Your pulse rates indicate your heart rates, or the number of times your heart beats in one minute. Normal heart and pulse rates vary from person to person. The pulse rates are slower when people are at rest and increases when they do some physical activities. This is because more oxygen-rich blood is needed by the body during exercise.
Evaluating Heart Palpitations
Heart palpitations are usually not dangerous. However, it will depend on whether or not the palpitations are associated with an arrhythmia or other disorders. Palpitations can be evaluated with testing, such as blood tests, echocardiogram, EKG, Holter monitor, treadmill testing, and tests of the coronary arteries.
Treatment of Heart Palpitations Symptoms
Heart palpitations can be relieved in many cases by reducing stress, quitting smoking, eating healthily, avoiding caffeine, alcohol, or soft drinks and living a healthy lifestyle. Doing some simple exercise regularly such as aerobic, stationary biking, cycling, brisk walks, or skipping is also recommended. Meditation and reading can also help you relieve the heart palpitations symptoms.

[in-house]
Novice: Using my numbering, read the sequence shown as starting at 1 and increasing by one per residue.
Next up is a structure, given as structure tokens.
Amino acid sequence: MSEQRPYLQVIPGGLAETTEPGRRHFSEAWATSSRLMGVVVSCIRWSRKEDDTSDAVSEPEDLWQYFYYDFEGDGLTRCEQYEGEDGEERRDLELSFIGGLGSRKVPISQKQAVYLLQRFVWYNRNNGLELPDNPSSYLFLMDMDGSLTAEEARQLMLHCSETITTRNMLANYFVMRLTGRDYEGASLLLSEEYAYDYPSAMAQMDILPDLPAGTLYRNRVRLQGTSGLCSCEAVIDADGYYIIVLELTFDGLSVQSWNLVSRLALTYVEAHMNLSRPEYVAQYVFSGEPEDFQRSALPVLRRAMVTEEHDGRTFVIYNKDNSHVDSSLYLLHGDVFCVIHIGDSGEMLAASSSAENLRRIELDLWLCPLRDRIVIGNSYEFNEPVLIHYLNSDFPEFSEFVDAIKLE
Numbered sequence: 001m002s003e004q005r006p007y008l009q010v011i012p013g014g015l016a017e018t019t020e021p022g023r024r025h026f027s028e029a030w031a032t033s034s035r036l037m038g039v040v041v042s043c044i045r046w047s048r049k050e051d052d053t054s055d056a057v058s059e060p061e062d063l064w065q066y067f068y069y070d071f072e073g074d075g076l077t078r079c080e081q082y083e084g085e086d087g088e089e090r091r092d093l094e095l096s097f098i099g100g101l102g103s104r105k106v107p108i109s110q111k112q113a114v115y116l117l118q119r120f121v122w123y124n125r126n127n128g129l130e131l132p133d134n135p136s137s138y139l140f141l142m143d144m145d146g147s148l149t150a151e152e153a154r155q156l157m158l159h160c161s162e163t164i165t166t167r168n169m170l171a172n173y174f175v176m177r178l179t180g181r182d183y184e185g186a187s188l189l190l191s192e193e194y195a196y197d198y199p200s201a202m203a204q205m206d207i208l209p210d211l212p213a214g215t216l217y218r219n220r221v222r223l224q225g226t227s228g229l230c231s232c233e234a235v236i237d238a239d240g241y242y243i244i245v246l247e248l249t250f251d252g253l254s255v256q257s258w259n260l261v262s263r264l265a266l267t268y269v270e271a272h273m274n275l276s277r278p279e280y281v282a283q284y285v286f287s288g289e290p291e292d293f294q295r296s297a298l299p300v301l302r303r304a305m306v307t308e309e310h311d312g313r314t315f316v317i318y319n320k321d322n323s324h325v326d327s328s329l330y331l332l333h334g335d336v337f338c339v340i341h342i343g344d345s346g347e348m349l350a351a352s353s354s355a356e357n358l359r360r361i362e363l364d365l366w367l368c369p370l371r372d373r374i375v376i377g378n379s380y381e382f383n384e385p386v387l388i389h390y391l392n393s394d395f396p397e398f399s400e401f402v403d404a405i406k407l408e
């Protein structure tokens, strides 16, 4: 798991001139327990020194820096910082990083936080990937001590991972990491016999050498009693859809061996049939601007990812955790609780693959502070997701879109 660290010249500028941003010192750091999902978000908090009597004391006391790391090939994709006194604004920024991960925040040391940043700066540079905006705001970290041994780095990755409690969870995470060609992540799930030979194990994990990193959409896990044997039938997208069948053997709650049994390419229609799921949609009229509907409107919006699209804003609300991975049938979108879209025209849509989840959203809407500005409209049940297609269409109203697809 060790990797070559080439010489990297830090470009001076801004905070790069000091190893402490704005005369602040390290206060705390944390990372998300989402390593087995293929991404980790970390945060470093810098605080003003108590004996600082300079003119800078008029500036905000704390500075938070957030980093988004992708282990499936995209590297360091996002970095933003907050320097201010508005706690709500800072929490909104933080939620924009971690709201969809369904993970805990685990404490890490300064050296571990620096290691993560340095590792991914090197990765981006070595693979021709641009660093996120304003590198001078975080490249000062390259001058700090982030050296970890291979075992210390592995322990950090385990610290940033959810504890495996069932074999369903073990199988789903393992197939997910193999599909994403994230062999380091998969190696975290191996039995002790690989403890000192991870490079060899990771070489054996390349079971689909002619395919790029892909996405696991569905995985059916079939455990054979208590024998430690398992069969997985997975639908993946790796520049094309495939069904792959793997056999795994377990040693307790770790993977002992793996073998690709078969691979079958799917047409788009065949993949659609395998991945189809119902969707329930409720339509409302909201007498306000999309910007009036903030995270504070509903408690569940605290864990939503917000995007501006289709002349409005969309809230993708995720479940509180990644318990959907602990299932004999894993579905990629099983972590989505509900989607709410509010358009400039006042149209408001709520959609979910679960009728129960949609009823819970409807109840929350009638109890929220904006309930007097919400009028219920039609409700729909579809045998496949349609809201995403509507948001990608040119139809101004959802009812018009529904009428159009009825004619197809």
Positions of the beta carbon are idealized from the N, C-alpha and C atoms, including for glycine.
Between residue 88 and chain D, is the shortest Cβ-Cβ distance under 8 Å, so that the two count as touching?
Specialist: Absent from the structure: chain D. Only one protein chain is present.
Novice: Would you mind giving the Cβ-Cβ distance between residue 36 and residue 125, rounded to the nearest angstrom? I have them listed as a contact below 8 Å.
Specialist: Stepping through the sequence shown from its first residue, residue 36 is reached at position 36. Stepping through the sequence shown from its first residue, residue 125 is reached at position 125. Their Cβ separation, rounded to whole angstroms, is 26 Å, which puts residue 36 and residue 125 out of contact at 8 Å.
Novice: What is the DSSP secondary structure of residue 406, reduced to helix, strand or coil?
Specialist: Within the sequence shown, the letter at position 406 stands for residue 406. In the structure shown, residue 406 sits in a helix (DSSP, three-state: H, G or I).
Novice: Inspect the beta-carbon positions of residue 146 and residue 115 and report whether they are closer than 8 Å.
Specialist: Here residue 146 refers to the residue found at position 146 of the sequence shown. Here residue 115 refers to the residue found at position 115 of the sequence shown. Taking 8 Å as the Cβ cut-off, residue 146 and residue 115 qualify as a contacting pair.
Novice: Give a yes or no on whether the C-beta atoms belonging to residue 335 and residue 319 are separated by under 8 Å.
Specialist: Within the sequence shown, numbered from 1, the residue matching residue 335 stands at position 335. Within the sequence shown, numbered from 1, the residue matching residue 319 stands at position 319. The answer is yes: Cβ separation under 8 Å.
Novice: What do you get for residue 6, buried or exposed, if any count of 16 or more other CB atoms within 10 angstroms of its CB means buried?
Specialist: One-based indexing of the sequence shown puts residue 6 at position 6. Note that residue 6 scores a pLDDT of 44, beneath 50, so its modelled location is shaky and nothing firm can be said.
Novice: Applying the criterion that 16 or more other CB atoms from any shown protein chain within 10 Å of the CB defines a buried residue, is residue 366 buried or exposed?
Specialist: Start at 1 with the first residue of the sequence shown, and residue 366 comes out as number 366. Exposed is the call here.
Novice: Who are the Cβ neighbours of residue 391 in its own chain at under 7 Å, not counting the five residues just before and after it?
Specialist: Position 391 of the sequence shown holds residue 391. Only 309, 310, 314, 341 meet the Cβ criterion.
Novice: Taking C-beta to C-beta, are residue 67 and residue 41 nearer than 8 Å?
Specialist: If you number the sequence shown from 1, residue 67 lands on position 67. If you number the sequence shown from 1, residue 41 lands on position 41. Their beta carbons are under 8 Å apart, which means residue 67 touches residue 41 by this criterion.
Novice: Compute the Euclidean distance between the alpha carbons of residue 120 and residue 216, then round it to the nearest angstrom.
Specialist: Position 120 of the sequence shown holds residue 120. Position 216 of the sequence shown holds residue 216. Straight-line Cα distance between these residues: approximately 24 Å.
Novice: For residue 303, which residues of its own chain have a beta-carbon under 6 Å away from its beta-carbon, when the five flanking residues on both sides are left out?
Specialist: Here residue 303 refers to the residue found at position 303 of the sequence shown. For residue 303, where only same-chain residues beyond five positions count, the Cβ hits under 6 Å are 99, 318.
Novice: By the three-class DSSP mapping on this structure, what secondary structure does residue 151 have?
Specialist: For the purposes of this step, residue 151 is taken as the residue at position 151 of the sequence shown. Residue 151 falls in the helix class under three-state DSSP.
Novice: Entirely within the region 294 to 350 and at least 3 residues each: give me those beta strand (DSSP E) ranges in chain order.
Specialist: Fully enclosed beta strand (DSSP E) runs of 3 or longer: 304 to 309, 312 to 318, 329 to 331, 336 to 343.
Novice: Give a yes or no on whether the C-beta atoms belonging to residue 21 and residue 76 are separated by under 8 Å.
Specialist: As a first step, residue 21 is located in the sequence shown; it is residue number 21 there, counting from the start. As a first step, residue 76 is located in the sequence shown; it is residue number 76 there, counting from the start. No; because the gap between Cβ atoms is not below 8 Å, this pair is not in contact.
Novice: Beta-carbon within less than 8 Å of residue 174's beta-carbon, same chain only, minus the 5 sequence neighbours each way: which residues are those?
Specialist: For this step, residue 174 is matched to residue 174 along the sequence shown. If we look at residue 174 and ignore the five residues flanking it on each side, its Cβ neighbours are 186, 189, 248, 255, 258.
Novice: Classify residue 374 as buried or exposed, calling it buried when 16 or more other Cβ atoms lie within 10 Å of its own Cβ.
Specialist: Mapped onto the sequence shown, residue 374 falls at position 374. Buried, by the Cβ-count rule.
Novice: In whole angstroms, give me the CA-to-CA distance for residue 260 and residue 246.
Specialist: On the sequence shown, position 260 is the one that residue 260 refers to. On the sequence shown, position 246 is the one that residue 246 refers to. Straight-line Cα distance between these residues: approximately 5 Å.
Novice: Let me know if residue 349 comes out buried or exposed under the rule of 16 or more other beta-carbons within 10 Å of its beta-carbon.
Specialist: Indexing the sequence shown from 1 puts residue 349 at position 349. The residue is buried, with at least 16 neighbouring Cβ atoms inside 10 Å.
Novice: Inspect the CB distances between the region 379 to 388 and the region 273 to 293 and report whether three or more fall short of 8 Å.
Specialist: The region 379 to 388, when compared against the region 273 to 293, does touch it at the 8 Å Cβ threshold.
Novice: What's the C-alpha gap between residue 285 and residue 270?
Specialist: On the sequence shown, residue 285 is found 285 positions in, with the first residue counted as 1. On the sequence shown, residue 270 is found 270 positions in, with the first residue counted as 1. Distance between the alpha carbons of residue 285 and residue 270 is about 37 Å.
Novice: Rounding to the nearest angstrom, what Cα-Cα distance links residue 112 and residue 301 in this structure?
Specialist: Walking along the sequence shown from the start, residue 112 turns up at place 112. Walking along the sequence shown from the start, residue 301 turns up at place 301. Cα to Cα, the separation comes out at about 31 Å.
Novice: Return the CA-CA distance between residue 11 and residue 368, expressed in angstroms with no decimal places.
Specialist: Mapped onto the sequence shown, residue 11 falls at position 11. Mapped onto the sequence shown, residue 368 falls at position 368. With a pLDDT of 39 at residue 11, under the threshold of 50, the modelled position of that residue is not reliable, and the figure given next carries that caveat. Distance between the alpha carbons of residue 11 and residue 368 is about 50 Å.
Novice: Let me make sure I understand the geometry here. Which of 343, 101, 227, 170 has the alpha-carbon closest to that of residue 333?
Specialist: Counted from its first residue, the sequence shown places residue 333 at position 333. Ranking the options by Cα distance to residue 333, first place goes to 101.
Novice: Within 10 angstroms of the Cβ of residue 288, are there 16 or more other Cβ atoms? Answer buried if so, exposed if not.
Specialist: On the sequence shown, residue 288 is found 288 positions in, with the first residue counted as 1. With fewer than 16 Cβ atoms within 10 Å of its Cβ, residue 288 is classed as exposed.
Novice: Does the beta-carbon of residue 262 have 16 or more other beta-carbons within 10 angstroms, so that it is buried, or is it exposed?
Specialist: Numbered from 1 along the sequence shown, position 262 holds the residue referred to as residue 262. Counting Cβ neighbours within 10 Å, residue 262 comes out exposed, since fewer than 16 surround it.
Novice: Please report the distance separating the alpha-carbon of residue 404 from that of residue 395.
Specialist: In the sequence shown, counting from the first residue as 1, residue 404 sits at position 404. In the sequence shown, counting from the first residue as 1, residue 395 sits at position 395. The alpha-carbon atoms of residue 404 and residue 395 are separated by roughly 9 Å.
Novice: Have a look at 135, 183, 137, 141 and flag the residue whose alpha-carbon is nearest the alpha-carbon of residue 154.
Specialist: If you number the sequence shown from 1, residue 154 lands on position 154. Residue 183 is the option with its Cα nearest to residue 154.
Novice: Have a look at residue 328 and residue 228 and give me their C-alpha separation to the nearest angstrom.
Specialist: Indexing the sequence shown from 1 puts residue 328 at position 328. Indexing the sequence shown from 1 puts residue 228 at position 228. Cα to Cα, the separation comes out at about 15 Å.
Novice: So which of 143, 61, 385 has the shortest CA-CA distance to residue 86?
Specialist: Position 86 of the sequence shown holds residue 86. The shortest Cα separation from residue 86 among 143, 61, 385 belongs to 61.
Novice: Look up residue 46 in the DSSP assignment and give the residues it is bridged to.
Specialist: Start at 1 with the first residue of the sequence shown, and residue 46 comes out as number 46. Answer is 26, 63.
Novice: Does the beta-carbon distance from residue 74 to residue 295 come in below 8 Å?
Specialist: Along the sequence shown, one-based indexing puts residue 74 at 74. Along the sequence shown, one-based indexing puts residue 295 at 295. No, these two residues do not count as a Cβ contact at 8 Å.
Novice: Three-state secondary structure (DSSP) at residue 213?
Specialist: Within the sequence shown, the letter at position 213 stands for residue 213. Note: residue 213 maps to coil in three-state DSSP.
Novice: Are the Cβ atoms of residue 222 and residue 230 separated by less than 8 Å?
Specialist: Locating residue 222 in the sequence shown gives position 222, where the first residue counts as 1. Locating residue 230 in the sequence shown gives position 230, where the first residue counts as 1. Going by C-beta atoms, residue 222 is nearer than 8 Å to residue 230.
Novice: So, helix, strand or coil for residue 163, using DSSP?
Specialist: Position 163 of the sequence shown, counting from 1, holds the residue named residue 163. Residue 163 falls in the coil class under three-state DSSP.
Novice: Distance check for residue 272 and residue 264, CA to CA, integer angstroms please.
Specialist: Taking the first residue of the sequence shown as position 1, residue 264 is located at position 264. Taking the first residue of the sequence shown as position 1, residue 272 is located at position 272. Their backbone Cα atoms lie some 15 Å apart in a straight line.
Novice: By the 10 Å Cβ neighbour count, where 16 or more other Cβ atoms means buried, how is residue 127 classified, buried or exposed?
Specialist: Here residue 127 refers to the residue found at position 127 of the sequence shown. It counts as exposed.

Patients with heart palpitations related to arrhythmias will need medications such as prescribed beta-blocking drug, a medication that blocks the effect of adrenaline on the heart. For severe palpitations, an antiarrhythmic injection may help, but if it does not worked, "cardioversion" may be introduced. A cardioversion deliver an electric shock to the chest of the patient to stop the abnormal heartbeat. The patient will need to put under a short general anaesthesia before the procedure.
These are just a few of the facts pertaining to heart palpitations. Heart palpitations symptoms are often harmless. However, if you are ever faced with an abnormal palpitation, it might be a good idea to see your doctor right away.
Now that you know a bit more about heart palpitations, I urge you to find out more about this! You can start by browsing around this site for more information to assist with any irregular, rapid, fast, slow, extra, racing, skipped heartbeat or abnormal heart rhythms issues that you may experience.
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Disclaimer: This information is not presented by a medical practitioner and is for educational and informational purposes only. It is not intended to be a substitute for professional advice, diagnosis, or treatment.